Stitch qualities: I was intrigued by stitching through the creased tracing paper and would like to explore how straight running stitch could be used to emphasise the texture of fabric. In particular I am intrigued to see whether I could manipulate the fabric in a slightly more extreme manner (compared to the paper) and the effect light could play when shadows are cast by the dark threads. Perhaps this could be used to create a multiplicity of lines (akin to veins in a petal) from one stitch with a change in lighting?

Colour and yarn: I intend to stay within the same monochromatic colour palette of predominantly white (perhaps beige) and black. This way I can focus of the texture of the textiles and the stitch qualities rather than have the eye distracted by bolder colour choices. I want to use black for stitching to allow me to play with cast shadows etc.

The Base Samples

For the bud I wanted a textile that would be relatively rigid on which to work. I decided to try to weave my own base fabric from leftover yarns in tones to match the collection of white fabrics that I have. The small sample I produced measures approximately 13x13cm.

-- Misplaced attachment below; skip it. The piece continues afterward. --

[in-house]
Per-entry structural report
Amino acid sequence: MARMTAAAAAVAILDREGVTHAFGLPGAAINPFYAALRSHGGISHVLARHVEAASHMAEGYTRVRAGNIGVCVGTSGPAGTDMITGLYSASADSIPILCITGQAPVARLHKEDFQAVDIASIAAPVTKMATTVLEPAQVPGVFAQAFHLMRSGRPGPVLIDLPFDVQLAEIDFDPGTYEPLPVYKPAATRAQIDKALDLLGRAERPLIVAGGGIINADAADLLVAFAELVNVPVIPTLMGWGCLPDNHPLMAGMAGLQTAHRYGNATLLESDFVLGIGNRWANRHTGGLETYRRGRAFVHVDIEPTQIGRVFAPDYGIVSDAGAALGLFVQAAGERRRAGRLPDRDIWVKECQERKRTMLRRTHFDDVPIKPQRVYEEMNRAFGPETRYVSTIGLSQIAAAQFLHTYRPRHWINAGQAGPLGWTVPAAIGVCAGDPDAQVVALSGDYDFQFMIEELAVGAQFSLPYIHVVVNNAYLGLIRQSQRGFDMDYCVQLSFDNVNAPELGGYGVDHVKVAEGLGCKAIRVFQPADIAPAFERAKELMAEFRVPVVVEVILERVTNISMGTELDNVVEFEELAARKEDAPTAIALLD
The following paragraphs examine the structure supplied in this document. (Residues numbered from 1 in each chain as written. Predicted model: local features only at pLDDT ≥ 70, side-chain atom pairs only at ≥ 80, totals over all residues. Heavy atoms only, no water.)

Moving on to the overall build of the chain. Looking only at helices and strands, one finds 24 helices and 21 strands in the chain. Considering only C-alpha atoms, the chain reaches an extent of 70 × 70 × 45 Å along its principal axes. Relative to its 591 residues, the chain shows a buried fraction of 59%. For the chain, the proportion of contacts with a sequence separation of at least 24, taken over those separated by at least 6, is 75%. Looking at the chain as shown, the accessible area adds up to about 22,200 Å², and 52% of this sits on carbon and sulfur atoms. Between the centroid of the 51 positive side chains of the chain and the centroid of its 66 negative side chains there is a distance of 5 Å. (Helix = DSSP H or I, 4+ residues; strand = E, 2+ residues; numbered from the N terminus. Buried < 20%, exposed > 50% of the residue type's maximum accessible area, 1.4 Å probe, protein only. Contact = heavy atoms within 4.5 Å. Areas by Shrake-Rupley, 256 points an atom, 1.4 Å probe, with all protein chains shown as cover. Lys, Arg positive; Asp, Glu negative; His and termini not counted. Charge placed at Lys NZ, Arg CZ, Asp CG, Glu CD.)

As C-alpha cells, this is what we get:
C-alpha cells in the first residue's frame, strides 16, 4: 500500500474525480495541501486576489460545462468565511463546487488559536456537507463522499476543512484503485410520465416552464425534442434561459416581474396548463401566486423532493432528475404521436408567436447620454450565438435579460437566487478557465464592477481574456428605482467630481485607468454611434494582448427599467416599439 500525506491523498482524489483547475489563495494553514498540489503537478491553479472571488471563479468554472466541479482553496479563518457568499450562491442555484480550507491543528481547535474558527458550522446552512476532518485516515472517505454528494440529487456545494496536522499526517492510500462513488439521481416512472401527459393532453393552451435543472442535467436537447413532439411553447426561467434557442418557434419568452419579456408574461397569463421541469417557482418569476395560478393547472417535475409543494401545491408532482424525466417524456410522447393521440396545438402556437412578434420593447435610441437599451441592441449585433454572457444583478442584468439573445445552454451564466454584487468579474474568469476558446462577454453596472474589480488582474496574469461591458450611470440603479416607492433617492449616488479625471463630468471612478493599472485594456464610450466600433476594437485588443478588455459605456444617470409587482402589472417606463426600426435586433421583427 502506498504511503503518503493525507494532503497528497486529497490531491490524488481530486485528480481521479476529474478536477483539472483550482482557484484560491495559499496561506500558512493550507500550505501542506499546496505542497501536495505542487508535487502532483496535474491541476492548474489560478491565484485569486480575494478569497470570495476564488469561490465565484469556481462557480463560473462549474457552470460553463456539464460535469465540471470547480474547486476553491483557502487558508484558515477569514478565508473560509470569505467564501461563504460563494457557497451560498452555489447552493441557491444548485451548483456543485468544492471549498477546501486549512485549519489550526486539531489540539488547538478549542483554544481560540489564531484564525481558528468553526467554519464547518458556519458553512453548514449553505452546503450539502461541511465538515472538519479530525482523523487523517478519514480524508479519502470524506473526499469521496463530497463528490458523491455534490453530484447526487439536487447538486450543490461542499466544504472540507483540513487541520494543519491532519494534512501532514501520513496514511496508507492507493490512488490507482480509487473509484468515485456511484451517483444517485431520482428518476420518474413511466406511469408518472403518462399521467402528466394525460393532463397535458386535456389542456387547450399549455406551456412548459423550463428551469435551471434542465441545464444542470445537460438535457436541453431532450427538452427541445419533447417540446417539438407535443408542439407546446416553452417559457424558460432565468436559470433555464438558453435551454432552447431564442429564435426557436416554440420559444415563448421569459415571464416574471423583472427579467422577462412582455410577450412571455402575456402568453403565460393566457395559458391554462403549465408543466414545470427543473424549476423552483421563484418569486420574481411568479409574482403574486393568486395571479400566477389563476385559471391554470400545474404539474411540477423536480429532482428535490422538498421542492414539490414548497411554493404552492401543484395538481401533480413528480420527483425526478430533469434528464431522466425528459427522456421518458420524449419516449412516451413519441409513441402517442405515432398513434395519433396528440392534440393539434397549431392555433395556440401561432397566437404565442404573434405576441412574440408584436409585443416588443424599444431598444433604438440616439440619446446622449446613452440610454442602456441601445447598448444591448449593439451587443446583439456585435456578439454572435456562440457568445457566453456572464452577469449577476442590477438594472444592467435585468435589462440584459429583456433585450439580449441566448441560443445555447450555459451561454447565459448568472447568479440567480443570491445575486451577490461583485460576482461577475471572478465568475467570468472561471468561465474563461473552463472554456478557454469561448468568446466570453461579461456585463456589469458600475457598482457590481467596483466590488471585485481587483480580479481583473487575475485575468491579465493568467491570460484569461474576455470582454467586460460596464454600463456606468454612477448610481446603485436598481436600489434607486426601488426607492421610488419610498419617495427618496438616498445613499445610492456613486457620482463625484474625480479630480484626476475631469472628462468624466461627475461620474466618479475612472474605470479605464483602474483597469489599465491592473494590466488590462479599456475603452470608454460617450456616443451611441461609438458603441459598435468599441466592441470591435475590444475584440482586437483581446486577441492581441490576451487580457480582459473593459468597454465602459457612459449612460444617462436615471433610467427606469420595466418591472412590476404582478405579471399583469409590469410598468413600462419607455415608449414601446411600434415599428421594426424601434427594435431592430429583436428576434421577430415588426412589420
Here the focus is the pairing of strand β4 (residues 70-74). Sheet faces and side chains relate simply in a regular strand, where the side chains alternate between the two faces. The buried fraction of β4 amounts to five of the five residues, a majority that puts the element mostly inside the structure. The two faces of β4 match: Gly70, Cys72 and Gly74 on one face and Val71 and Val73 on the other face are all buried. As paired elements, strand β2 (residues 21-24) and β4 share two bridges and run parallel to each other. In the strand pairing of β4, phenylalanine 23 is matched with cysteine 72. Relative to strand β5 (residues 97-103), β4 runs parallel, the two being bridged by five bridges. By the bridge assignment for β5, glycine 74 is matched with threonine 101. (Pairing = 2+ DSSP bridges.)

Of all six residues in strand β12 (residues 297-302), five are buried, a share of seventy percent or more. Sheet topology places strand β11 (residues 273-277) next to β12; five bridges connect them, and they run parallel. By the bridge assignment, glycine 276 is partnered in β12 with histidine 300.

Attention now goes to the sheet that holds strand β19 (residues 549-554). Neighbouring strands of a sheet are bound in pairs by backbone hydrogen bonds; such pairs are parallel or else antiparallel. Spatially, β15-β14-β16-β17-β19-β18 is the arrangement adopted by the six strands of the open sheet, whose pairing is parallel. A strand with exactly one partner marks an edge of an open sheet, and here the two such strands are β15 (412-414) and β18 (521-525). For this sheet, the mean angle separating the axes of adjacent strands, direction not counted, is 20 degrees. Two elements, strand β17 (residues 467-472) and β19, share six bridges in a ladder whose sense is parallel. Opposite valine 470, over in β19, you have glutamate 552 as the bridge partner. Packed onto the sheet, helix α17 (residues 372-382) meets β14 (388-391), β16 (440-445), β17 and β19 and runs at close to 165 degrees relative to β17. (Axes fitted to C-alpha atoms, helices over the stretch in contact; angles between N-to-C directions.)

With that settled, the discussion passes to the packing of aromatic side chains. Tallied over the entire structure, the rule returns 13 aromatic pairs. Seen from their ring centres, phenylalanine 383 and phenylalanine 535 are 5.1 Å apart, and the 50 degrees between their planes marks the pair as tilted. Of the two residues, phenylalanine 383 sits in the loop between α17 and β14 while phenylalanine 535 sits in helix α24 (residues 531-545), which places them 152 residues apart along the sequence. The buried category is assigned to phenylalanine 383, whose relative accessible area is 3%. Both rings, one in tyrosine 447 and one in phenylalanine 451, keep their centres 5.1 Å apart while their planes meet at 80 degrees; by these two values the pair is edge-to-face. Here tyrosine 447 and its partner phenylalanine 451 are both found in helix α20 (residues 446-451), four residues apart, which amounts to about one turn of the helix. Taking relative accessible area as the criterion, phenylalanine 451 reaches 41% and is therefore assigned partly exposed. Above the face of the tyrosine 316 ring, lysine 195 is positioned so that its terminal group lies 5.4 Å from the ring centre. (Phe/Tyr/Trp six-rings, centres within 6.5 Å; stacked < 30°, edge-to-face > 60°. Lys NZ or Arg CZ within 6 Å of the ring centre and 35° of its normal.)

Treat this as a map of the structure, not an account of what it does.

It can be seen that my tension is not entirely even as the earlier rows are looser woven than those at the top. Part of the problem is that I was using a silk frame as my weaving frame (necessity being the mother of invention) and so it has a tendency to bend under pressure as it is made of plastic.

I read Sharon Kearley’s Woven Textiles: A Designer’s Guide to obtain some pointers such as using a cotton based warp as it has less stretch than wool or acrylic. I also tried a variety of lifting patterns described in the book to create different textures. These texture were plain weave alternating with (from bottom to top) soumack weave (The Weaving Loom Website), 2/2 twill, entwining twill, five/three-end rib over 8 shafts, horizontal herringbone and honeycomb 8-end/10-pick.

On reflection I decided that the beige yarn which was a 4-ply instead of a double knit is too thin to weave alongside the double knit to obtain the look I want. I like the way that the different textures were emphasised when I used slightly different tones of white of the same thickness for the pattern and the plain weave. The patterns where more warps are missed such as the five/three-end rib over 8 shafts and honeycomb 8-end/10-pick are too loose here and the distinctive pattern that they should form seems lost amongst the plain weave and perhaps are better suited to looser weaves with finer yarn? I did also like the way that different patterns mimicked some of the textural lines in my sketches.